Sample size calculations are central to the design of health research trials. To ensure that the trial provides good evidence to answer the trial’s research question, the target effect size (difference in means or proportions, odds ratio, relative risk or hazard ratio between trial arms) must be specified under the conventional approach to determining the sample size. However, until now, there has not been comprehensive guidance on how to specify this effect.
This is a commentary on a collection of papers from two important projects, DELTA (Difference ELicitation in TriAls) and DELTA2 that aim to provide evidence-based guidance on systematically determining the target effect size, or difference and the resultant sample sizes for trials. In addition to surveying methods that researchers are using in practice, the research team met with various experts (statisticians, methodologists, clinicians and funders); reviewed guidelines from funding agencies; and reviewed recent methodological literature. The DELTA2 guidance stresses specifying important and realistic differences, and undertaking sensitivity analyses in calculating sample sizes. It gives recommendations on how to find appropriate differences, conduct the sample size calculation(s) and how to report these in grant applications, protocols and manuscripts. It is hoped that this will contribute not only to better powered studies, but better reporting and reproducibility and thinking about what a trial should be designed to achieve.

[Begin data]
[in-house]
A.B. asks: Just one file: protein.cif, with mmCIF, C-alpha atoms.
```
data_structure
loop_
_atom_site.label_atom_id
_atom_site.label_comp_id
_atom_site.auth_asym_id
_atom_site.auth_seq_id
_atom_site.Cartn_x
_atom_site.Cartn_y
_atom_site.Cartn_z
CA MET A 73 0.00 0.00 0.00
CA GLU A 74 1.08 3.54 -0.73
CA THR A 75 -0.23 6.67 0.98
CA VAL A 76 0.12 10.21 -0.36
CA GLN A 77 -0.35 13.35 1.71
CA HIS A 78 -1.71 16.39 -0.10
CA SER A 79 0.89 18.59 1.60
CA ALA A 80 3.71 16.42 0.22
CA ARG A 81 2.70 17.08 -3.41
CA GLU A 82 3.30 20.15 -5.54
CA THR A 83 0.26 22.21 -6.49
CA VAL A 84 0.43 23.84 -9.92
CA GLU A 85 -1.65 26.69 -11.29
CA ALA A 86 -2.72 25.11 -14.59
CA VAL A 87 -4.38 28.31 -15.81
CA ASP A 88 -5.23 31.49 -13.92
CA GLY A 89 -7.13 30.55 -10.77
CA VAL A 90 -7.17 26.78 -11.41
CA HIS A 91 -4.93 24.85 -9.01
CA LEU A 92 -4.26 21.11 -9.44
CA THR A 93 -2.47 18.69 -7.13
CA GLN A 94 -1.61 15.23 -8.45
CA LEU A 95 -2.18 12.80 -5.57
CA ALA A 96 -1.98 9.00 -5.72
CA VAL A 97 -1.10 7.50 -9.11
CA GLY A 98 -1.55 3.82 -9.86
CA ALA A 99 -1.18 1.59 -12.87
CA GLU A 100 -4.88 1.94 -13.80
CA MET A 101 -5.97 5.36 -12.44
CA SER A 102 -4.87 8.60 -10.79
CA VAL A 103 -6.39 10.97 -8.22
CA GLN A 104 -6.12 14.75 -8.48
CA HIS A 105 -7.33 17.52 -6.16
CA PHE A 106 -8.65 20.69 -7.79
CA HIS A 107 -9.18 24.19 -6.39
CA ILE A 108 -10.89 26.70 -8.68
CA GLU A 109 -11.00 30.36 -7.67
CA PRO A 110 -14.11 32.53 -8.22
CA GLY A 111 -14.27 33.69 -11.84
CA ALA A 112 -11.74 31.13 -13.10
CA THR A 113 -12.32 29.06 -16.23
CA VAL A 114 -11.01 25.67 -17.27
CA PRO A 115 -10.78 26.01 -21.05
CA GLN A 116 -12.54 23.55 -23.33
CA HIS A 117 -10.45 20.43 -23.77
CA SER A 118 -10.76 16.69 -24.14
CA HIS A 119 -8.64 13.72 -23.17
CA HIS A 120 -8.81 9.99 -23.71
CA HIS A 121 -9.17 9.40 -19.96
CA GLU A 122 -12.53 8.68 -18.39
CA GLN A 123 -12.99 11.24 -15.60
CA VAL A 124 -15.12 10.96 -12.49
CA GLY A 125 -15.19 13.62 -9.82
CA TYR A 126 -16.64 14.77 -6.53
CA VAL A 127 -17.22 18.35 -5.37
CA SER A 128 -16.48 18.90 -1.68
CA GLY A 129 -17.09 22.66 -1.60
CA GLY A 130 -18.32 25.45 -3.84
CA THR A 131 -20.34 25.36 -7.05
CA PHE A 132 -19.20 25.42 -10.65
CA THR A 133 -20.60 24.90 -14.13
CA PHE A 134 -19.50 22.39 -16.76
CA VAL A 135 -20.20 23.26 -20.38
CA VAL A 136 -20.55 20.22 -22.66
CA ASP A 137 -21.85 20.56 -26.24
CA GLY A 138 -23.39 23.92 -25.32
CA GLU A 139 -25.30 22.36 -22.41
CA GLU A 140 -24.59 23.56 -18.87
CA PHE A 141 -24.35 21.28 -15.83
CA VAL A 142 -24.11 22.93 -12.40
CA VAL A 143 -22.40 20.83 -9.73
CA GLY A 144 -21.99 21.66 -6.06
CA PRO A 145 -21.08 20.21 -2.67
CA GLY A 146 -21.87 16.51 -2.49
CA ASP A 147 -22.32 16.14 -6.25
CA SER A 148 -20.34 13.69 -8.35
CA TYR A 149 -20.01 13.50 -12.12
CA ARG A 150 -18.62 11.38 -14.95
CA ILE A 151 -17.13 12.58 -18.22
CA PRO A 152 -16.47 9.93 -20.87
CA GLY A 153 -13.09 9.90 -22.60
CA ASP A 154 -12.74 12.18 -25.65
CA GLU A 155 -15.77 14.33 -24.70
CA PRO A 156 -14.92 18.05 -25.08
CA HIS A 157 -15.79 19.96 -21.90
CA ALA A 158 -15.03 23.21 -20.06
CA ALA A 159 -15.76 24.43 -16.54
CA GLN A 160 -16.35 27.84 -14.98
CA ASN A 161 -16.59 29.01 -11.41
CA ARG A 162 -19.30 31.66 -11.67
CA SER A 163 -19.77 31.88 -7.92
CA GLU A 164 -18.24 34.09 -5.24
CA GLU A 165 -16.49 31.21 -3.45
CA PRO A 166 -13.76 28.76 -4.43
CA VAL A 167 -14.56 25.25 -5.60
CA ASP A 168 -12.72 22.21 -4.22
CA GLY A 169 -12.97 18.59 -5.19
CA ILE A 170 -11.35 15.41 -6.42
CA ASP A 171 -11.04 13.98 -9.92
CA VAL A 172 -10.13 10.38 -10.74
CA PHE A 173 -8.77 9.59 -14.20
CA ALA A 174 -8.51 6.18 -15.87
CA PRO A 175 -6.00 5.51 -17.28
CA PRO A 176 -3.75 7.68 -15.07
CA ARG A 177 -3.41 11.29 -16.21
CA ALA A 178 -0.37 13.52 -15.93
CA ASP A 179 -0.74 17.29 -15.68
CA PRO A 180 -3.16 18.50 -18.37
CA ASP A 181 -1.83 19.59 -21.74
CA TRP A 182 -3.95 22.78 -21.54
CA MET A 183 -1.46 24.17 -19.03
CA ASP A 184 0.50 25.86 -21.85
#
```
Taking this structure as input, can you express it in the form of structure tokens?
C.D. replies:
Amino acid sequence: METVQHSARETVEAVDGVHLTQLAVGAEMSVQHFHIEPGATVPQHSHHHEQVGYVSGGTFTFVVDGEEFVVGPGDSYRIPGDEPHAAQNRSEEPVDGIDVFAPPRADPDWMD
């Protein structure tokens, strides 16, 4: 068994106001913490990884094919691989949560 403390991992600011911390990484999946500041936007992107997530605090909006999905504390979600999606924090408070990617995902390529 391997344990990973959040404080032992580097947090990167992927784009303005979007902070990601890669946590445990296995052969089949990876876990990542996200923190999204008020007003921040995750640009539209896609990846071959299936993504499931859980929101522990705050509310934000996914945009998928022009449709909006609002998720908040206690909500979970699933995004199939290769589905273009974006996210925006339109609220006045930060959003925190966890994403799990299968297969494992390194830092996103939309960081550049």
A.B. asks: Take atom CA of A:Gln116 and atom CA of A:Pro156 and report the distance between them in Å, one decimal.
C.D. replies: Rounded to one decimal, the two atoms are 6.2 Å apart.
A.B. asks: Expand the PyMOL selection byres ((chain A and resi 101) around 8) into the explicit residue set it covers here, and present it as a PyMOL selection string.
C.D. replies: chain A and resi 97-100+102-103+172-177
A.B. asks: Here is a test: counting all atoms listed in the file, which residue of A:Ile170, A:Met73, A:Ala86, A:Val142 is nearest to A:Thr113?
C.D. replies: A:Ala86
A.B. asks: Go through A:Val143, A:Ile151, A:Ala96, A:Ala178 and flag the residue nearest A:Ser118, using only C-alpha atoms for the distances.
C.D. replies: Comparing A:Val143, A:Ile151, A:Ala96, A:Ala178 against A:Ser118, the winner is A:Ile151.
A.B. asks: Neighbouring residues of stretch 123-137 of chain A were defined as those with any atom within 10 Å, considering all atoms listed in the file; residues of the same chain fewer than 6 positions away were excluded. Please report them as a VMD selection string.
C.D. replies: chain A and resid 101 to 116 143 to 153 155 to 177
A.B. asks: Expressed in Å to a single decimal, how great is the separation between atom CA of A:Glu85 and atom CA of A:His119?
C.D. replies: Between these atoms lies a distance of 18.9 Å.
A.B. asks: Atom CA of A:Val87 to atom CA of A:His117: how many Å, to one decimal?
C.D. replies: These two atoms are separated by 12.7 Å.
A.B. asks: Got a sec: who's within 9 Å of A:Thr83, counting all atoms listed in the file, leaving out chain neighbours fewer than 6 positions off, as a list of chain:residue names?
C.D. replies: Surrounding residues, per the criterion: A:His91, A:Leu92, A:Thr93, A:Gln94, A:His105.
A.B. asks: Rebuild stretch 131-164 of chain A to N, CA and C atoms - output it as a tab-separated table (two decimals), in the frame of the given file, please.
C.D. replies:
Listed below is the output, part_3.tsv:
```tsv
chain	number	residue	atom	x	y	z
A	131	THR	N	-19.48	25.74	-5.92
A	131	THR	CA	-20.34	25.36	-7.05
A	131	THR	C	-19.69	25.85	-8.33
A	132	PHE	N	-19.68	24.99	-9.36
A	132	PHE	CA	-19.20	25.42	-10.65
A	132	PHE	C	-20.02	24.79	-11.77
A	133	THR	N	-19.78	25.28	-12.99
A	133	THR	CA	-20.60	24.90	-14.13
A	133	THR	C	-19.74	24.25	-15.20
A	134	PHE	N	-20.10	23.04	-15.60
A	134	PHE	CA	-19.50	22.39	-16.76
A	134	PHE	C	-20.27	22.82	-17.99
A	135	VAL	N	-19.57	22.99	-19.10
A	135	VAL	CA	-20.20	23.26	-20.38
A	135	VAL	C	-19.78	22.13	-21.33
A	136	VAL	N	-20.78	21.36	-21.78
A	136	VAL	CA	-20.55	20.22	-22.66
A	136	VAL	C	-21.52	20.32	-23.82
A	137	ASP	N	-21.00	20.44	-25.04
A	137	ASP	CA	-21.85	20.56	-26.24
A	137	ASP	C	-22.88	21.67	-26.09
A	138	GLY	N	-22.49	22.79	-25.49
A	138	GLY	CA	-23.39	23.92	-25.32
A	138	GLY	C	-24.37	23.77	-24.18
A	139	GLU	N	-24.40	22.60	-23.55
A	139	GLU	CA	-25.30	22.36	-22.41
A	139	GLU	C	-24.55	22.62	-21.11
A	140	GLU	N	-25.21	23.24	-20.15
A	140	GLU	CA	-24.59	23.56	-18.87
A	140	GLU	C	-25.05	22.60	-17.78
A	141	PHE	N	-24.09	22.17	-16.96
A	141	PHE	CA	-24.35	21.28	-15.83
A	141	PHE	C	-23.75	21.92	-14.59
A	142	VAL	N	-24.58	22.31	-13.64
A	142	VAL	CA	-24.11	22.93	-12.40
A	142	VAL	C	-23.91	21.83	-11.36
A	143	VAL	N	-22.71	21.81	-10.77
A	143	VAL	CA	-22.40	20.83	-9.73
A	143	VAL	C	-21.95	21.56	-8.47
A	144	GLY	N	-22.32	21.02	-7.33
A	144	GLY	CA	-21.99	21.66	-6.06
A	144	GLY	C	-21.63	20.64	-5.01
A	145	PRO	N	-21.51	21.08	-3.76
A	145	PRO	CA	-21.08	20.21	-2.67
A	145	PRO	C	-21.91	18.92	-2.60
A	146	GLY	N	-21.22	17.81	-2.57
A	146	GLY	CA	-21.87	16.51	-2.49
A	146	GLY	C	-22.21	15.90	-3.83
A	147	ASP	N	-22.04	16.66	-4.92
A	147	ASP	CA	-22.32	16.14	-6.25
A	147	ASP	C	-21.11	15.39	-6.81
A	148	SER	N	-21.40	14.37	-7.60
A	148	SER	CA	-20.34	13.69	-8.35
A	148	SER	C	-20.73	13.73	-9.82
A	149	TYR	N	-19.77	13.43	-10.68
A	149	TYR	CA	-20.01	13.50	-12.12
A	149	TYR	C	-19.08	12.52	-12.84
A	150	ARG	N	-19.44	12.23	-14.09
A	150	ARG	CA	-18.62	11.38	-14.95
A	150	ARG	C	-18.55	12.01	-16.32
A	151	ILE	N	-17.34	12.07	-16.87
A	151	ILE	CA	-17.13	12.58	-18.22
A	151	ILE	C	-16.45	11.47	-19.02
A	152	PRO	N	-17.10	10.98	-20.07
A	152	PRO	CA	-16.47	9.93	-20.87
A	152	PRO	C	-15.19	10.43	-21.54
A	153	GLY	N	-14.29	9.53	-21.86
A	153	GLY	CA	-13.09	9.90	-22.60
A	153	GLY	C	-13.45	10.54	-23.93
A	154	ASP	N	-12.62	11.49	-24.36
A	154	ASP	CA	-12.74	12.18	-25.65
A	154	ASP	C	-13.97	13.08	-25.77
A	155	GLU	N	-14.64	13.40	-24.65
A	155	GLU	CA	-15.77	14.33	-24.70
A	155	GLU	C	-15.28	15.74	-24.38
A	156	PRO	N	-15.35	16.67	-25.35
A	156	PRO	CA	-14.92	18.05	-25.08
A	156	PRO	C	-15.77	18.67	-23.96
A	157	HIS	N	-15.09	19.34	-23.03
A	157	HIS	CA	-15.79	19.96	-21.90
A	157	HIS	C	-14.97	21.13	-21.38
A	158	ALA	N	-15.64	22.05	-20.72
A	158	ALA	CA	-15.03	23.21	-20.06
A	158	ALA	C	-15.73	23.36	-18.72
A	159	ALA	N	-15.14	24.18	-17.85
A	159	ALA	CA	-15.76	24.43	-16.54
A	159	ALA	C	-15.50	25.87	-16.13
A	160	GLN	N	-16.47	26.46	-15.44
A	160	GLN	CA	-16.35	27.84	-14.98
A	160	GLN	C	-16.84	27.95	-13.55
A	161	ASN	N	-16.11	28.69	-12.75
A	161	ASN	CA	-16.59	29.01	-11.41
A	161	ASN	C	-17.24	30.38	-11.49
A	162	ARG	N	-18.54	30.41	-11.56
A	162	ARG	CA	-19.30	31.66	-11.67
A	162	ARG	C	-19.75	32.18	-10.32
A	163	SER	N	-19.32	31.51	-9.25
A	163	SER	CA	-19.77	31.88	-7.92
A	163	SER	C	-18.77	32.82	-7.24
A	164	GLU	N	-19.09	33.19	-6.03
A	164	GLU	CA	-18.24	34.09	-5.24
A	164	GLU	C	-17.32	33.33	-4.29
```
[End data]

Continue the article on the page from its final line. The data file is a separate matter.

The DELTA researchers have developed a set of comprehensive guidance documents that are welcome and will almost certainly improve the way that trials are designed and reported.